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August 9, 2016

Erdogan resets relations with Russia

By Abdus Sattar Ghazali

On Tuesday, August 9, 2016, the Turkish President Recep Tayyip Erdogan arrived in St. Petersburg to hold talks with the Russian President Vladimir Putin. This was Erdogan’s first foreign visit since the July 15 abortive coup against his elected government. St. Petersburg is Putin's hometown.

Addressing a joint press conference after the talk, Putin said: "I believe that we have all the necessary prerequisites and opportunities for restoring our relations between our two countries to the full extent and Russia is ready and willing to do that." 

On his part, Erdogan said: “As a result of the negotiation we had today, political, cultural and economic relations between Russia and Turkey can finally be restored to the appropriate level we used to enjoy before the crisis."

Ties between the two countries have been acrimonious since November last year when Turkey, citing a brief violation of its airspace along Turkey's border with Syria, shot down a Russian military aircraft. Russia's President Vladimir Putting ordered punishing economic sanctions, imposed a travel ban on Russian tourists visiting Turkey and suspended all government-to-government relations.

Unable to ignore the damage, Erdogan conveyed regrets to Putin; the regrets were accepted which paved the way for August 9 meeting. Interestingly, the two Turkish Air Force pilots linked to the downing of the Russian Su-24 bomber have been detained in connection with the recent failed coup attempt in Turkey, according to Turkish Justice Minister Bekir Bozdag.

Areas of cooperation

Turkey wants to bring ties with Russia to pre-crisis levels with cooperation in the defense industry sector and energy projects including the Turkish Stream gas pipeline and the Akkuyu nuclear plant, Turkish President Recep Tayyip Erdogan said at the press conference.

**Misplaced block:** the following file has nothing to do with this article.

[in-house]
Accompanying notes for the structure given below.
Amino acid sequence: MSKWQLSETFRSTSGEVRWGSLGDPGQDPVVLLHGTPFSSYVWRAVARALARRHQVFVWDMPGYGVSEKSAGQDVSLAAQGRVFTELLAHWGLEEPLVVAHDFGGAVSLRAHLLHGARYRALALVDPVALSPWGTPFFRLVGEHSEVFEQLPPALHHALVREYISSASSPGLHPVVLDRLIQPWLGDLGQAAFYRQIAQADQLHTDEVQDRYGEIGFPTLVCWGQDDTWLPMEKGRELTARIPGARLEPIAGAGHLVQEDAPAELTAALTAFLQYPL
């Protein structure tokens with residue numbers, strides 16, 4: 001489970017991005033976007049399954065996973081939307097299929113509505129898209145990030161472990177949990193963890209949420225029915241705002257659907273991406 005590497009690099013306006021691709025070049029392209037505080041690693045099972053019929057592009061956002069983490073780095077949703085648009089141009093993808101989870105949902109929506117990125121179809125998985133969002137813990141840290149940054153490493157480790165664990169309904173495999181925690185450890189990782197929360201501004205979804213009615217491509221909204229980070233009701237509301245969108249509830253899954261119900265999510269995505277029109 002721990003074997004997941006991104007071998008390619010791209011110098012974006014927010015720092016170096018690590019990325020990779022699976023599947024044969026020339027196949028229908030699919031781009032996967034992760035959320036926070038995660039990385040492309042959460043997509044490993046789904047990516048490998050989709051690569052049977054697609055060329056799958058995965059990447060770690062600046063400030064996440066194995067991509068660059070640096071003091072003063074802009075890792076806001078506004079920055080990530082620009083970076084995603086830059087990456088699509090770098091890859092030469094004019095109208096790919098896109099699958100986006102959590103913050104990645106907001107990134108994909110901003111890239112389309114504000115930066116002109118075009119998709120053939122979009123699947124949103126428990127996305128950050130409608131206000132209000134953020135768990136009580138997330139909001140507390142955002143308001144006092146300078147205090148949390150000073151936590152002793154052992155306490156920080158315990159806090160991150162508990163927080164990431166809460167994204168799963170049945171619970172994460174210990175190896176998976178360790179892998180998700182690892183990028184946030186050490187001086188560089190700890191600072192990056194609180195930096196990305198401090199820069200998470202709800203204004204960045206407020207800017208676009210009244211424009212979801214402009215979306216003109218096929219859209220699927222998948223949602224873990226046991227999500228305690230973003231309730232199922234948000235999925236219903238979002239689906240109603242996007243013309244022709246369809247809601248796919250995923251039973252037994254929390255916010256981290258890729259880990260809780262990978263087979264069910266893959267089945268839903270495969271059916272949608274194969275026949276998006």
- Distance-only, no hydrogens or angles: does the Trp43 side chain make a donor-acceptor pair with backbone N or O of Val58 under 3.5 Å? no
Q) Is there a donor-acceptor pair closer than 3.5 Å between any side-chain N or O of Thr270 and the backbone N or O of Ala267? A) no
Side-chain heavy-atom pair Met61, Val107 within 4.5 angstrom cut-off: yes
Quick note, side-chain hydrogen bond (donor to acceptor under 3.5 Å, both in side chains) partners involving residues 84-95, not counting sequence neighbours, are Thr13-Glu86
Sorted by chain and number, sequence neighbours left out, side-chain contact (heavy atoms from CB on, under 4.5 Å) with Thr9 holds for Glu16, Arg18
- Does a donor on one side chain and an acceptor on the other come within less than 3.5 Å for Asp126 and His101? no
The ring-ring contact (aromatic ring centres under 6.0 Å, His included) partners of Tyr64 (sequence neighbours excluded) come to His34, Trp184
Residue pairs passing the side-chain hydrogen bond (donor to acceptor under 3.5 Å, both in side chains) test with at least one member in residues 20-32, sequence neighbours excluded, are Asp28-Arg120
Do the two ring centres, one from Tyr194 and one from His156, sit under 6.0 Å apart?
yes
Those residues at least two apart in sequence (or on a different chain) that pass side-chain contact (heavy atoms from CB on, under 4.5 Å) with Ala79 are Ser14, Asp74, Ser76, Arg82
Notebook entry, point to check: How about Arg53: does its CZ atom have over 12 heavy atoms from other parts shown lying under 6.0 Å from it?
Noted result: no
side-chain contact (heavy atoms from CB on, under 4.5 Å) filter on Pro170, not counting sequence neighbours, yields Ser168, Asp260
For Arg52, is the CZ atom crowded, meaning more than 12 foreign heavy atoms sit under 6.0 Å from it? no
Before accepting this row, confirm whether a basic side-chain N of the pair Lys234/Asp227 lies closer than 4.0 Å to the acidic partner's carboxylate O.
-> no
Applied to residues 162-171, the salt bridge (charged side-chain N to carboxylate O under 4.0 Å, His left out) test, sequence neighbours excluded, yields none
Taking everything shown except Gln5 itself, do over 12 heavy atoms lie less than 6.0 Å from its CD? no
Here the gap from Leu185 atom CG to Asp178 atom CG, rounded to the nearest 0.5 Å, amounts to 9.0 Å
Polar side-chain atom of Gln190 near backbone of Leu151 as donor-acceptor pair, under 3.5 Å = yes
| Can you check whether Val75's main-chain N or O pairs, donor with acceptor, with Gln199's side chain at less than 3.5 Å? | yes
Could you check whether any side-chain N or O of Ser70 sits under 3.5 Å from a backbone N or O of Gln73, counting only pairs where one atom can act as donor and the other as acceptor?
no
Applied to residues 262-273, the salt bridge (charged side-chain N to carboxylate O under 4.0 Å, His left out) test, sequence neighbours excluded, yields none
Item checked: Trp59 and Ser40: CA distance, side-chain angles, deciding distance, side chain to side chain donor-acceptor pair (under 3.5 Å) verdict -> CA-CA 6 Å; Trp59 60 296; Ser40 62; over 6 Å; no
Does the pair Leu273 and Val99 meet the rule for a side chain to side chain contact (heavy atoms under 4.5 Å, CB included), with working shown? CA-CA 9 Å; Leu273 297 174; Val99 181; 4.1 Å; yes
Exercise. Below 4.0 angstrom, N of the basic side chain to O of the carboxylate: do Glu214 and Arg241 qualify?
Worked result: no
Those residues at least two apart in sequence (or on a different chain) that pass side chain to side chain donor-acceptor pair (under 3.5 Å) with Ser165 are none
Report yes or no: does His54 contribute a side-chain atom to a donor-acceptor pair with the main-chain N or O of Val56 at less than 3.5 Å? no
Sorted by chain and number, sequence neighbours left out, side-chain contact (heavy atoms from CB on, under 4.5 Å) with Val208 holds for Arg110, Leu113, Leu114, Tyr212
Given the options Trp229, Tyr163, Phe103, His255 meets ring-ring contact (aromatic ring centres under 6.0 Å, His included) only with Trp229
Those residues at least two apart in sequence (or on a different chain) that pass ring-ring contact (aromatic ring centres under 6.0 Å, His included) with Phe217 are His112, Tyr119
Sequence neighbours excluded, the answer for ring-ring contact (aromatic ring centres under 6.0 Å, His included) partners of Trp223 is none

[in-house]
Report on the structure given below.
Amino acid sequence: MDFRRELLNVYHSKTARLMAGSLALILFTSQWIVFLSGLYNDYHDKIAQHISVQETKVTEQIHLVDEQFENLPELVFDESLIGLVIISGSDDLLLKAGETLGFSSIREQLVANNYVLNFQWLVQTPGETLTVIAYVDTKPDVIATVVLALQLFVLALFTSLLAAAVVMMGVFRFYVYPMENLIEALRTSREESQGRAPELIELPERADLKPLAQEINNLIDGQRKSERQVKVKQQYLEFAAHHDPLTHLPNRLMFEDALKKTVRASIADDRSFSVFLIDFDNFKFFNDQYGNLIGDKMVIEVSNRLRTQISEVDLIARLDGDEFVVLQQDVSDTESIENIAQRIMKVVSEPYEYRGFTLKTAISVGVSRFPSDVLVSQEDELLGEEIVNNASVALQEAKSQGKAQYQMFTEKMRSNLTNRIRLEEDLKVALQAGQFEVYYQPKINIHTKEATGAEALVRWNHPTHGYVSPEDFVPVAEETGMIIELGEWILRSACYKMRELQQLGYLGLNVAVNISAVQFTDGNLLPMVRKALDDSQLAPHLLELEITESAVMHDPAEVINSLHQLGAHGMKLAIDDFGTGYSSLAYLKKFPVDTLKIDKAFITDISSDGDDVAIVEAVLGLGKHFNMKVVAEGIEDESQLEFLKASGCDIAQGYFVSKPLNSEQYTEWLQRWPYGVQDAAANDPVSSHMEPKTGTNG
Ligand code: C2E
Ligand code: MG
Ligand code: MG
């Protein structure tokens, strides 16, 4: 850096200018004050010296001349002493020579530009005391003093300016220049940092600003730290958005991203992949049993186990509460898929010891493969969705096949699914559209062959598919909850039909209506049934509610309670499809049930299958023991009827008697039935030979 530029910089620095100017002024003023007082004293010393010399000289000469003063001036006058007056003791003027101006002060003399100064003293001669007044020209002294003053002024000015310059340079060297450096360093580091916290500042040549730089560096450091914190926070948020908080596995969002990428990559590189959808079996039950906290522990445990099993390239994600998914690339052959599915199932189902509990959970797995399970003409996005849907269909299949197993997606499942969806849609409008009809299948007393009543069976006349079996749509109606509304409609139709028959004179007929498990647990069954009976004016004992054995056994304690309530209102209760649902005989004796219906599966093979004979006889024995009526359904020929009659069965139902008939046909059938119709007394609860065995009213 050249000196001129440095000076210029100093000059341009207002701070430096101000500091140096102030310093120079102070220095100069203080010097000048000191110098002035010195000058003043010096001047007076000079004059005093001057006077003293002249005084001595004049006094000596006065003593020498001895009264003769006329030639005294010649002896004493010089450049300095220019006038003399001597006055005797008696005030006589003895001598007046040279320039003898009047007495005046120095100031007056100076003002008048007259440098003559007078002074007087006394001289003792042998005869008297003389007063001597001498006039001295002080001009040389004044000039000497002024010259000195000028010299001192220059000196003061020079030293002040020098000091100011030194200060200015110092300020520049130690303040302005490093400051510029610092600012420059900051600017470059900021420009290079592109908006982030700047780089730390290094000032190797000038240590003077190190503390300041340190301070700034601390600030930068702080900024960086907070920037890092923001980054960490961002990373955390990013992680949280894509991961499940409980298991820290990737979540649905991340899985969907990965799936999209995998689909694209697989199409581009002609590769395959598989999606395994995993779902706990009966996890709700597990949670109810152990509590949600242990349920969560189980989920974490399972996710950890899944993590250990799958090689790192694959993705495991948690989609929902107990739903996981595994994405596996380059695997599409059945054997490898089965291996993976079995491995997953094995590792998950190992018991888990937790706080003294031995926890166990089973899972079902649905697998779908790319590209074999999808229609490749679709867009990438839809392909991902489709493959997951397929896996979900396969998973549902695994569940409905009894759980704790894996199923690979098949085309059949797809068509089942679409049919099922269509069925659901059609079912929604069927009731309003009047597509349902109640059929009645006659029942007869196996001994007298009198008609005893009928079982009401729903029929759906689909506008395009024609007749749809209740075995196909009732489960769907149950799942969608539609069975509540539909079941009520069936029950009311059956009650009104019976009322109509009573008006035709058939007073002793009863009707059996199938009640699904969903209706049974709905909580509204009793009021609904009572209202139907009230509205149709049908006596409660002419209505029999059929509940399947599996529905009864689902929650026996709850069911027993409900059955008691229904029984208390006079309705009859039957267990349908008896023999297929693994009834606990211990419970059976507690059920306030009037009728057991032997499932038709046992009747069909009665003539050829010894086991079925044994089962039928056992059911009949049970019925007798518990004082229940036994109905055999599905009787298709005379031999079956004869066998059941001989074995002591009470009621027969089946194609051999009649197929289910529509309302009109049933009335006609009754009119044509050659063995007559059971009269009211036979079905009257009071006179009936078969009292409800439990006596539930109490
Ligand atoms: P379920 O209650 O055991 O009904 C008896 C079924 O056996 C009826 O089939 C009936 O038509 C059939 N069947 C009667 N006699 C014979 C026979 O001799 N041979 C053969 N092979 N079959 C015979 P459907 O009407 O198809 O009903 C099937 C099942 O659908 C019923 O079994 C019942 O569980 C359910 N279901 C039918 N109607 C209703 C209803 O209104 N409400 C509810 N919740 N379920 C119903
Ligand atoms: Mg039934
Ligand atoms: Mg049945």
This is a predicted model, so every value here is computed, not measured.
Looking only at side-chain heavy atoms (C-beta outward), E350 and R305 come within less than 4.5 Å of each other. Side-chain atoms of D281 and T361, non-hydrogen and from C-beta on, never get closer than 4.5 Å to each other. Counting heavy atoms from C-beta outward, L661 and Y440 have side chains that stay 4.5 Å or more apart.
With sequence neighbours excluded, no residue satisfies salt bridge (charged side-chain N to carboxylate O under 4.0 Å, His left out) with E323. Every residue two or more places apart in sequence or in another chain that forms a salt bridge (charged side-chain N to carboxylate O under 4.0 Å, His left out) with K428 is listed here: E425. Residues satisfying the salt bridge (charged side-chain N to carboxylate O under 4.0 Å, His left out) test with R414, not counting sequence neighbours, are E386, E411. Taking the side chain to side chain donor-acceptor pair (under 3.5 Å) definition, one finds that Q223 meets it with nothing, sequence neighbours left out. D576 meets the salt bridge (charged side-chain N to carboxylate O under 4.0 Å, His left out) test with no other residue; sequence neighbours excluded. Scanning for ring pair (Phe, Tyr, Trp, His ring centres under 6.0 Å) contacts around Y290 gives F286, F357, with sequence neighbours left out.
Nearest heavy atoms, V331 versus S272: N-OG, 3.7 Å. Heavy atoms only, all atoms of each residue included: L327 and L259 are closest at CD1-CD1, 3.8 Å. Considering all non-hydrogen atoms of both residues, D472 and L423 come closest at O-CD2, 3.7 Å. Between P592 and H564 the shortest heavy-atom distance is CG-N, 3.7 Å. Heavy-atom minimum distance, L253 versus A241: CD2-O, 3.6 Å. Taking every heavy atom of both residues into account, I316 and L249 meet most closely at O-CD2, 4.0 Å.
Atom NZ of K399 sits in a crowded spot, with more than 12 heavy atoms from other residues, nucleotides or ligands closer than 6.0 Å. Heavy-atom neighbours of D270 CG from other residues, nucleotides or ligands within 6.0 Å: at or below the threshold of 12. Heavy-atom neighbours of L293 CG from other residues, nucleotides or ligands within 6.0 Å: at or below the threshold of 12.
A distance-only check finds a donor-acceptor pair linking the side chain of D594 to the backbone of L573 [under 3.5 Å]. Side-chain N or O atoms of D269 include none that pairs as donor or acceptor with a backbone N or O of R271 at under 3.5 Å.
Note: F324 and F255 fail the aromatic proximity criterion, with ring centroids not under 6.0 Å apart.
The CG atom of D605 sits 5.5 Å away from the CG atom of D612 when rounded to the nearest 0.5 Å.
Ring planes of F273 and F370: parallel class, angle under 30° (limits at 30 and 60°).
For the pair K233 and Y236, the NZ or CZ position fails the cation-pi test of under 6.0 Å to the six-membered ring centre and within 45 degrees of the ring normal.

As a result of the negotiation we had today, political, cultural and economic relations between Russia and Turkey can finally be restored to the appropriate level we used to enjoy before the crisis," Erdogan said.

Erdogan also outlined a list of areas of cooperation where Ankara is eager to engage in cooperation.

"I would like to emphasize that we are willing to provide strategic investment status to the Akkuyu project, and we have just reached an understanding on this issue with President Putin. We also intend to promote cooperation in the area of defense industry and defense production," he stressed.

The Turkish head of state additionally pledged to implement the Turkish Stream natural gas pipeline project, vowing to ensure a route for Russian gas exports heading toward Europe.

Russia will gradually lift the restrictions it had imposed against Turkish companies, Russian President Vladimir Putin said during the press conference.

"After the press conference, we shall have an opportunity to speak to the heads of large companies from both Russia and Turkey. I mean the gradual lifting of the special economic measures, restrictions introduced earlier against Turkish companies," Putin told a press conference after the meeting.